Swinging at the saloon

Bressler, who contributes a range of primarily jazz projects, including as a member of pianist Omer Klein trio, says there is a snug spirit to the band’s work.

swining at the saloon (photo credit: MICHAEL TOPYOL)
swining at the saloon
(photo credit: MICHAEL TOPYOL)
There is a homey feel to Amir Bressler’s latest musical venture. When we met up in Tel Aviv last week, I noted that the group’s moniker – Liquid Saloon – puts me in mind of some kind of Western movie feel. I imagine some dusty, saddle-sore cowboy making his way into a drinking hole of a shantytown out in the Wild West casting a weary glance over at the barman and ordering a shot or – better – a bottle of Scotch.
I missed the mark.
“Actually, it was supposed to be Salon, not Saloon,” smiles the 30-year drummer who will play with the group at this year’s Jerusalem Jazz Festival at the Israel Museum on December 6 (1:30 p.m.). “But, somehow, it came out Saloon. We liked the name, the way it turned out, so we just went with it.”
The gig at the festival, which is curated once again by internationally renowned trumpeter Avishai Cohen, will see Bressler play in a quintet setting, with trumpeter Sefi Zisling and keyboardist Nomok Noam Havkin the main protagonists. Guitarist Roi Aviv and bass player Elyasaf Bashari – better known for his work with Quarter to Africa – will round out the festival fivesome.
Bressler, who contributes a range of primarily jazz projects, including as a member of pianist Omer Klein trio, says there is a snug spirit to the band’s work.
“The process was a lot of fun,” he notes, referencing the creation of the group’s debut self-titled album, which came out a few months ago. “We’d meet up at my home, two or three [days] a week – after eating hummus, of course,” he adds with a laugh. “We’d bring some snacks and we’d listen to music we like.”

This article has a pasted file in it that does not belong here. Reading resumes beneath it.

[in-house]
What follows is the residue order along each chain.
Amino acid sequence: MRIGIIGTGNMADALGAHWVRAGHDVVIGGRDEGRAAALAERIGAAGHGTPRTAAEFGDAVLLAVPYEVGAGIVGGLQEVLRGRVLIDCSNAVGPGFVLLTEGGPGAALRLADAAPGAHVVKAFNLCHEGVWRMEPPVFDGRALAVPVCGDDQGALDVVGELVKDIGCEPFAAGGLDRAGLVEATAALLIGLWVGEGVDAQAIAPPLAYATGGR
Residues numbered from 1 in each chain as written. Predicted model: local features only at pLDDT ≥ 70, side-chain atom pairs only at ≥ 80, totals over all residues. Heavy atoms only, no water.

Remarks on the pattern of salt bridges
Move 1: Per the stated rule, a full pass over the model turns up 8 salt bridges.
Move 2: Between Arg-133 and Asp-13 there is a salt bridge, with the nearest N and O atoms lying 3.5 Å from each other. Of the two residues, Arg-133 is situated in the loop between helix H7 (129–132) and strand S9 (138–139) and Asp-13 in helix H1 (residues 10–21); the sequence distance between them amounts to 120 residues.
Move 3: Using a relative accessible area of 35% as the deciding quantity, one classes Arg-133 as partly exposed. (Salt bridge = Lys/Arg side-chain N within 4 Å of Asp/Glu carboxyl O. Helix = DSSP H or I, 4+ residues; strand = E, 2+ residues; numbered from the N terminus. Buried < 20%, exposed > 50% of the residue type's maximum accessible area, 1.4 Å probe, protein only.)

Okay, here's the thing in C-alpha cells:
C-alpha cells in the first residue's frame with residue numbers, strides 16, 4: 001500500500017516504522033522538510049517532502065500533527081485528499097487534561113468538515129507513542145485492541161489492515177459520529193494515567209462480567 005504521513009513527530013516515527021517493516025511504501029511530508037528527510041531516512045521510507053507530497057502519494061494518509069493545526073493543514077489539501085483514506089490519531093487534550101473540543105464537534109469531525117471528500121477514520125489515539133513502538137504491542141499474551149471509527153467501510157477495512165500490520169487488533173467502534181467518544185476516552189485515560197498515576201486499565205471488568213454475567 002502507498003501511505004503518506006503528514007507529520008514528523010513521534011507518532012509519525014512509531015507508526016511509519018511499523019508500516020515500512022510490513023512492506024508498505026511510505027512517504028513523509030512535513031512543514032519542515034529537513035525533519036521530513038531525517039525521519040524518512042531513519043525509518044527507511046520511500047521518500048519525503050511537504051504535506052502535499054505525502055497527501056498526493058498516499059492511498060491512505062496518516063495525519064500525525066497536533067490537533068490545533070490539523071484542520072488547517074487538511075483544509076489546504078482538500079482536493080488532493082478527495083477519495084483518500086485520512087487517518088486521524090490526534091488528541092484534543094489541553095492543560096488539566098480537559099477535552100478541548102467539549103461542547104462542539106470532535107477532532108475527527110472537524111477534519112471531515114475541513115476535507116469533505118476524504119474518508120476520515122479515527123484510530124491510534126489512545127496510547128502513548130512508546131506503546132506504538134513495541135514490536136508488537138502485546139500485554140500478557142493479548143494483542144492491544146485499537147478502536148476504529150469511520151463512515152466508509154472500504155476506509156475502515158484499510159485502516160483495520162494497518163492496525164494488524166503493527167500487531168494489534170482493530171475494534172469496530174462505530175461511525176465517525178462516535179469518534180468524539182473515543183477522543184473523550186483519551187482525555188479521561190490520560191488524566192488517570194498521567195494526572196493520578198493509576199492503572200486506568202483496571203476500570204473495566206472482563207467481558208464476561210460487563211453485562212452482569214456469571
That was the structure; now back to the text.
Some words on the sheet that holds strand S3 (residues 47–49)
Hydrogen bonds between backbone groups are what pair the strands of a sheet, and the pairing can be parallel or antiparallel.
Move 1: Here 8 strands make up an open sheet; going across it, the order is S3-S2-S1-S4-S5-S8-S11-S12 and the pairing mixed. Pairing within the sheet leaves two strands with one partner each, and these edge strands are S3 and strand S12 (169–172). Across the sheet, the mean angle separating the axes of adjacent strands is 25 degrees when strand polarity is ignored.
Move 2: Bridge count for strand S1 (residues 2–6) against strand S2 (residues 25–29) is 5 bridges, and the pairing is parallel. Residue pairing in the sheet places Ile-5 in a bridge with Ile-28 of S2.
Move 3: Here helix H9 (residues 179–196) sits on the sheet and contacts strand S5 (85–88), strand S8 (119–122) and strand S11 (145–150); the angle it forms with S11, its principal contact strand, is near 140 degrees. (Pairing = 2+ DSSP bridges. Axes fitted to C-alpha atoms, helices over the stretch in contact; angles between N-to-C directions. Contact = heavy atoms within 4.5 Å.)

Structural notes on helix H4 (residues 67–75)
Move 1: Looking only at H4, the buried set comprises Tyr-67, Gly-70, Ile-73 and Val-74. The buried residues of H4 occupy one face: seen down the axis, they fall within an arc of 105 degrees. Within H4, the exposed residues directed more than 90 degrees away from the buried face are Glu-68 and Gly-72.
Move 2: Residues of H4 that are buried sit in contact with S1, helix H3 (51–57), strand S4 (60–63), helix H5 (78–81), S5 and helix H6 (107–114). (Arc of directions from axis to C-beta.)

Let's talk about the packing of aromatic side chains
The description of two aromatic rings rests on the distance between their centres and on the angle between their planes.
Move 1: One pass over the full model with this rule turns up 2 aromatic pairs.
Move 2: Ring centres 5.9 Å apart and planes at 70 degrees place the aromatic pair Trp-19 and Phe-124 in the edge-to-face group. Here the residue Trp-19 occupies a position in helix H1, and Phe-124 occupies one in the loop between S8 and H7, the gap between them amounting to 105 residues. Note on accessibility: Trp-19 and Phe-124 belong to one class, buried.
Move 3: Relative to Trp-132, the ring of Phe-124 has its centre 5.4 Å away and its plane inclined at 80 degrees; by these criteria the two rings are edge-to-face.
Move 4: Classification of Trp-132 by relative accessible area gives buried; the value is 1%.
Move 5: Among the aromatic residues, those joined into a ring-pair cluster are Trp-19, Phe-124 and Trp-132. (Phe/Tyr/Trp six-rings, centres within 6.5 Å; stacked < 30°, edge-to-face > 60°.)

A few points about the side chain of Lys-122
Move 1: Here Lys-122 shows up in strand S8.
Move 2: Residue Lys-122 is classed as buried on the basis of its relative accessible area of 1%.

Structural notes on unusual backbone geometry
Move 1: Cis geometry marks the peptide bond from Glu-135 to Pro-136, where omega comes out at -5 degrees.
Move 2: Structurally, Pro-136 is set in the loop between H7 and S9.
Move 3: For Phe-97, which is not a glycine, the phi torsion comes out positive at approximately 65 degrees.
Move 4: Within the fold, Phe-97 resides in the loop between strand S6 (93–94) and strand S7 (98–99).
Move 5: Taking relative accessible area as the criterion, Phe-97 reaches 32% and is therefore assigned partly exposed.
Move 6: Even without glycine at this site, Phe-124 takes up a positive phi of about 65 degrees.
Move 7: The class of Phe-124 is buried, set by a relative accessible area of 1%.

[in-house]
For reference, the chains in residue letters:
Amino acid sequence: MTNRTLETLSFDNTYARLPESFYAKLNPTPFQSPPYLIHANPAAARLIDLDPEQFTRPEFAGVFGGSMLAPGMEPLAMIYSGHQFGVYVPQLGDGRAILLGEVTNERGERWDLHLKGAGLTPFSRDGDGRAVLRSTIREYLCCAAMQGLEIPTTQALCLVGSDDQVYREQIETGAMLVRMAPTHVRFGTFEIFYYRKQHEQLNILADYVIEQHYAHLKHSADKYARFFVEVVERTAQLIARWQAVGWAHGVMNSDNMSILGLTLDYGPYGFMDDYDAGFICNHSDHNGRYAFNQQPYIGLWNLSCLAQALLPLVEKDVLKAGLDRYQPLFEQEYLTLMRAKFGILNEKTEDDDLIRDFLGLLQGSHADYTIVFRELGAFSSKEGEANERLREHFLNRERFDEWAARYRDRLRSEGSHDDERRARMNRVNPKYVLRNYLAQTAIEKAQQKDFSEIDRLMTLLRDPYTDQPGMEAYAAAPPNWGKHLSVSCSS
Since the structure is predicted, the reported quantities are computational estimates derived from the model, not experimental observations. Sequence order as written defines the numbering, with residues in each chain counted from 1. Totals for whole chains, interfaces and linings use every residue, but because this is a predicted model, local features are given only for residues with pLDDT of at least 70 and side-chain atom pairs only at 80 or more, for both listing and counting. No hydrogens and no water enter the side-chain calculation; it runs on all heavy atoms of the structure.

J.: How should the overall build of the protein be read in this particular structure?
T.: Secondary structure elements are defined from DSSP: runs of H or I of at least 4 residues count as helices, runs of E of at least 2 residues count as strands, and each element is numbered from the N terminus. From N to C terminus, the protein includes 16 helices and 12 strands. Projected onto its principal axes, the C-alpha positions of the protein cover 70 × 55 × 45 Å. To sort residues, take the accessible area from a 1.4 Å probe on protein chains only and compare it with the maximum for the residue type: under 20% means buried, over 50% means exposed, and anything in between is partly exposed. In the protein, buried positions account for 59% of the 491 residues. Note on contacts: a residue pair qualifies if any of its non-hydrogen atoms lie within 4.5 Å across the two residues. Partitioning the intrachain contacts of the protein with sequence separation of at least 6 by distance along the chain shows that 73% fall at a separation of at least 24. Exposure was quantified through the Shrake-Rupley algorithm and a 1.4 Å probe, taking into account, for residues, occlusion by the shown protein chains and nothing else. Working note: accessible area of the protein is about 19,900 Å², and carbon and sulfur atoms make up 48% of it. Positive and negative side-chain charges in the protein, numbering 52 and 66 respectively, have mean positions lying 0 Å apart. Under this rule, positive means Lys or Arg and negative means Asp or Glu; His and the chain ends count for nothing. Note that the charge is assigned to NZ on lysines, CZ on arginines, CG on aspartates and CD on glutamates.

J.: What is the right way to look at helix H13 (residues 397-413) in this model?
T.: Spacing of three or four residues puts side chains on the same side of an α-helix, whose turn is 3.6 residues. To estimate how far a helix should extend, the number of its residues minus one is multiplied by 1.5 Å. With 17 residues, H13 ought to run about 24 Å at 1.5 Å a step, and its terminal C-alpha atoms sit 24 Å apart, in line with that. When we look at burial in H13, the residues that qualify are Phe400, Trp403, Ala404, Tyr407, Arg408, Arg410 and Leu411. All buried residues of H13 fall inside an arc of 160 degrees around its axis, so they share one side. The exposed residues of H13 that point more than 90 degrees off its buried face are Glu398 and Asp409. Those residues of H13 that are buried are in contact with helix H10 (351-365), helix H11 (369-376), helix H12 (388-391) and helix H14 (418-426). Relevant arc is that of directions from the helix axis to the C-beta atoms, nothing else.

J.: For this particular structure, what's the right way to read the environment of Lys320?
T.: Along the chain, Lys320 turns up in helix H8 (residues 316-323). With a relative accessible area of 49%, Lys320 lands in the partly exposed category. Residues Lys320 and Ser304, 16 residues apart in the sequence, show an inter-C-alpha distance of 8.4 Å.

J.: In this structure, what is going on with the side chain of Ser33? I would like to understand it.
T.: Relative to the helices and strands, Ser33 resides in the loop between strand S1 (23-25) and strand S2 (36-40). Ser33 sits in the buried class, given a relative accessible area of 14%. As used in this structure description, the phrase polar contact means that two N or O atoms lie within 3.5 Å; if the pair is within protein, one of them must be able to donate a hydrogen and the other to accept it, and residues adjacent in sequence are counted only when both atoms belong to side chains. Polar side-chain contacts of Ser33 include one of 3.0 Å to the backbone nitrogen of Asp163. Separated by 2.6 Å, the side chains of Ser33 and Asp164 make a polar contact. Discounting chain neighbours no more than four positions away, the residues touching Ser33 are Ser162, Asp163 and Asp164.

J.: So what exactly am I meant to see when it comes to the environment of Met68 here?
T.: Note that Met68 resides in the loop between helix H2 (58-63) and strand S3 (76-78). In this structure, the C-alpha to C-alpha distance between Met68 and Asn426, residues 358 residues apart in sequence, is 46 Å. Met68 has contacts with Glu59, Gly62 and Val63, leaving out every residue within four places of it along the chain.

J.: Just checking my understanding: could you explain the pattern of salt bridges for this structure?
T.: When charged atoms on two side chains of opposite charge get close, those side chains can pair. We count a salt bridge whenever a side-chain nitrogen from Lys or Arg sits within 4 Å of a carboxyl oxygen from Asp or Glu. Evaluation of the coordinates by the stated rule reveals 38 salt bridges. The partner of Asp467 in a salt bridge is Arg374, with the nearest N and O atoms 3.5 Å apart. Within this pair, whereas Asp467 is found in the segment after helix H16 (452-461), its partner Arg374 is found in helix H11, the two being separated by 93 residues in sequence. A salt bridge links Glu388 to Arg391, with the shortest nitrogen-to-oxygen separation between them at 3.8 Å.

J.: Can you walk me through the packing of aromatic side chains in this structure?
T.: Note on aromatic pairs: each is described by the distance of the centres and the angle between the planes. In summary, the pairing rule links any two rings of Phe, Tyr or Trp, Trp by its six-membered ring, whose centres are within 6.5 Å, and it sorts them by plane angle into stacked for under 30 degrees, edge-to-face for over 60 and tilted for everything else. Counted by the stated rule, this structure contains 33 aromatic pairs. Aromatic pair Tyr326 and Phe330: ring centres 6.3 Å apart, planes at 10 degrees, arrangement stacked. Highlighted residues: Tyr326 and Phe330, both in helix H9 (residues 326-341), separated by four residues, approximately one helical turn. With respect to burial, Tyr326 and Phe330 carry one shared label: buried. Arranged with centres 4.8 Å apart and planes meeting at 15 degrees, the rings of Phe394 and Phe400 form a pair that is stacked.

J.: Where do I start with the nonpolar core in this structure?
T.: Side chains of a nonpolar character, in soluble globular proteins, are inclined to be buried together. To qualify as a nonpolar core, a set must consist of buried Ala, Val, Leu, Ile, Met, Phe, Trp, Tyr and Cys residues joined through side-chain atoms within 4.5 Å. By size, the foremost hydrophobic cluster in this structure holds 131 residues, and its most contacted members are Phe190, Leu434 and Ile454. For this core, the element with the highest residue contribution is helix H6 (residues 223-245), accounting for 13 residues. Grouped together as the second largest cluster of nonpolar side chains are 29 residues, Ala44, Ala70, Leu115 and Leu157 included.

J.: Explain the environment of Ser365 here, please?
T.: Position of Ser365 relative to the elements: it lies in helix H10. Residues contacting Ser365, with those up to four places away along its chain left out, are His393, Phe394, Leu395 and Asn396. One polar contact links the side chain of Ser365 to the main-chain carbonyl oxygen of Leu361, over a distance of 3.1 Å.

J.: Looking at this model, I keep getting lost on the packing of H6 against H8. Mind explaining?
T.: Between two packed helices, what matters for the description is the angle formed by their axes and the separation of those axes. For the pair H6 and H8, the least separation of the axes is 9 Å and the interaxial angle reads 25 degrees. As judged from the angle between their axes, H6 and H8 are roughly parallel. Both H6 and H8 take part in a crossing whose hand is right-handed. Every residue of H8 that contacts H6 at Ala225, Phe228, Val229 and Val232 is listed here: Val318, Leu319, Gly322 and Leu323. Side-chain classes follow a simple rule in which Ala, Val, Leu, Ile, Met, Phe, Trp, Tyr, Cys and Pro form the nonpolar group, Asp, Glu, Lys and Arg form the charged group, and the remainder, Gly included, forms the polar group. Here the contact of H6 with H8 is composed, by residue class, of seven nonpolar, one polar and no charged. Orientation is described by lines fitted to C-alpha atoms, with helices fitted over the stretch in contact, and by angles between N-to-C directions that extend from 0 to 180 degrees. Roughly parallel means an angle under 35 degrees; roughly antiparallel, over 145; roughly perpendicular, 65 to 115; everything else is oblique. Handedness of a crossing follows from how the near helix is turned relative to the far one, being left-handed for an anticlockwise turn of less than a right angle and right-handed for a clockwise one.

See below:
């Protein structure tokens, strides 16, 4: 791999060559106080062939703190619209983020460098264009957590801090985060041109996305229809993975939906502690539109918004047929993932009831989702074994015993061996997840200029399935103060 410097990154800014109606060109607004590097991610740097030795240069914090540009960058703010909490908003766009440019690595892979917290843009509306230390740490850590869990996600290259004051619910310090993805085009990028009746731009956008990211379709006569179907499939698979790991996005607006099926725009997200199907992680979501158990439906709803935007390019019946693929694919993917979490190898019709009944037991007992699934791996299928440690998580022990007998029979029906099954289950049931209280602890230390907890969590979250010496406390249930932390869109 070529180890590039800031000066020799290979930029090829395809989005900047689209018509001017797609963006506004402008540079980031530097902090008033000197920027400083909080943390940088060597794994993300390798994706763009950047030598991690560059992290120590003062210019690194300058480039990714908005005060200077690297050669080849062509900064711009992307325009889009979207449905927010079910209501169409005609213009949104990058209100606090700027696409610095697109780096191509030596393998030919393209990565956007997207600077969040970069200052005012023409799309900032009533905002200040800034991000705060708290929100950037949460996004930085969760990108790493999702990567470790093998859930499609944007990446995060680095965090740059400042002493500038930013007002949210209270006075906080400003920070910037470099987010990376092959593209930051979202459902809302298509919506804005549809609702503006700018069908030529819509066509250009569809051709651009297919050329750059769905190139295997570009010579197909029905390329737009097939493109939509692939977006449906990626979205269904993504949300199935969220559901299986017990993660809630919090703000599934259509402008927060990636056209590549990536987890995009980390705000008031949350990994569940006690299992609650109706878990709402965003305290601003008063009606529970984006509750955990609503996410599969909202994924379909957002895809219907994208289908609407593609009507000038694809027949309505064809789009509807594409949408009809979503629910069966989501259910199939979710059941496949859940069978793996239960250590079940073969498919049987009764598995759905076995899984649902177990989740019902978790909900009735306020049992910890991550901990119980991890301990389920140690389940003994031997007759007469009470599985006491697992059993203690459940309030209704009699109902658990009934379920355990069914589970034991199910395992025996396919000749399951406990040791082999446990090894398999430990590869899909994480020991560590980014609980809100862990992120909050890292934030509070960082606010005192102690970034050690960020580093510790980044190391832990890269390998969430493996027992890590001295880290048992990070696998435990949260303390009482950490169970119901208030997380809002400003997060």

They went with the communal flow.
“We have similar tastes in music,” he says.
Not a bad starting point for a shared musical journey.
“We all like old school, like African music, New Orleans. We like, for example, [Nigerian Afrobeat multi-instrumentalist] Fela Kuti.”
One thing led to another.
“We started exploring that stuff, and other similar material. Sefi was already into that, and I started investigating it, and Noam did, too. We got into Pat Thomas and Ebo Taylor, from Ghana. And there’s [funk artist] William Onyeabor, from Nigeria.”
That sounded a little on the tribal side, but Bressler says that, while he and his pals were drawn to that ethnic kernel, they were really fired by the more Western contemporary presentation the aforesaid brought to the roots material.
“People took something tribal and then added synthesizers, and guitars, bass and drums.”
Even so, the core remains.
“They have a feel the Americans don’t have. It’s funny. They do things that are sort of American. They do funk, but it comes out in their own style. That’s what I felt. There was something in that music that really grabbed me. I listen to the same record over and over, like a kid. That doesn’t happen to me so often with other things.”
That is very much the crux of the Liquid Saloon take on music and music-making.
“We get inspiration from some number, with some kind of groove, with a, say, synthesizer texture and some tempo. Then we say, ‘Let’s do something in the same style.’ We don’t copy it. That’s great fun.”
The guys just latched on to a vibe and jumped.
“Basically, that’s how we wrote the material for the whole album,” Bressler says.
He also spreads his wings as the compositional continuum unfolded.
“On some of the things I played drums, and also bass and guitar. That was the base. Then Sefi, or Sefi and Noam, would come in and write a melody on top of that. Or maybe all three of us. Or we’d bring something from the keyboards and then write on top of that. Each time we’d develop it differently.”
Bressler and his pals go along with the approach that if the band is having fun, that should have desired knock-on effect on the audience.
“The whole thing just flowed. We’d sit around in my living room. We had time, we could play loudly, and we can see the sea from my window. All we basically needed to do was be there and create more music. We really enjoyed that. There’s nothing better than that.”
For tickets and more information: (02) 563-1544 and jerusalemjazzfestival.org.il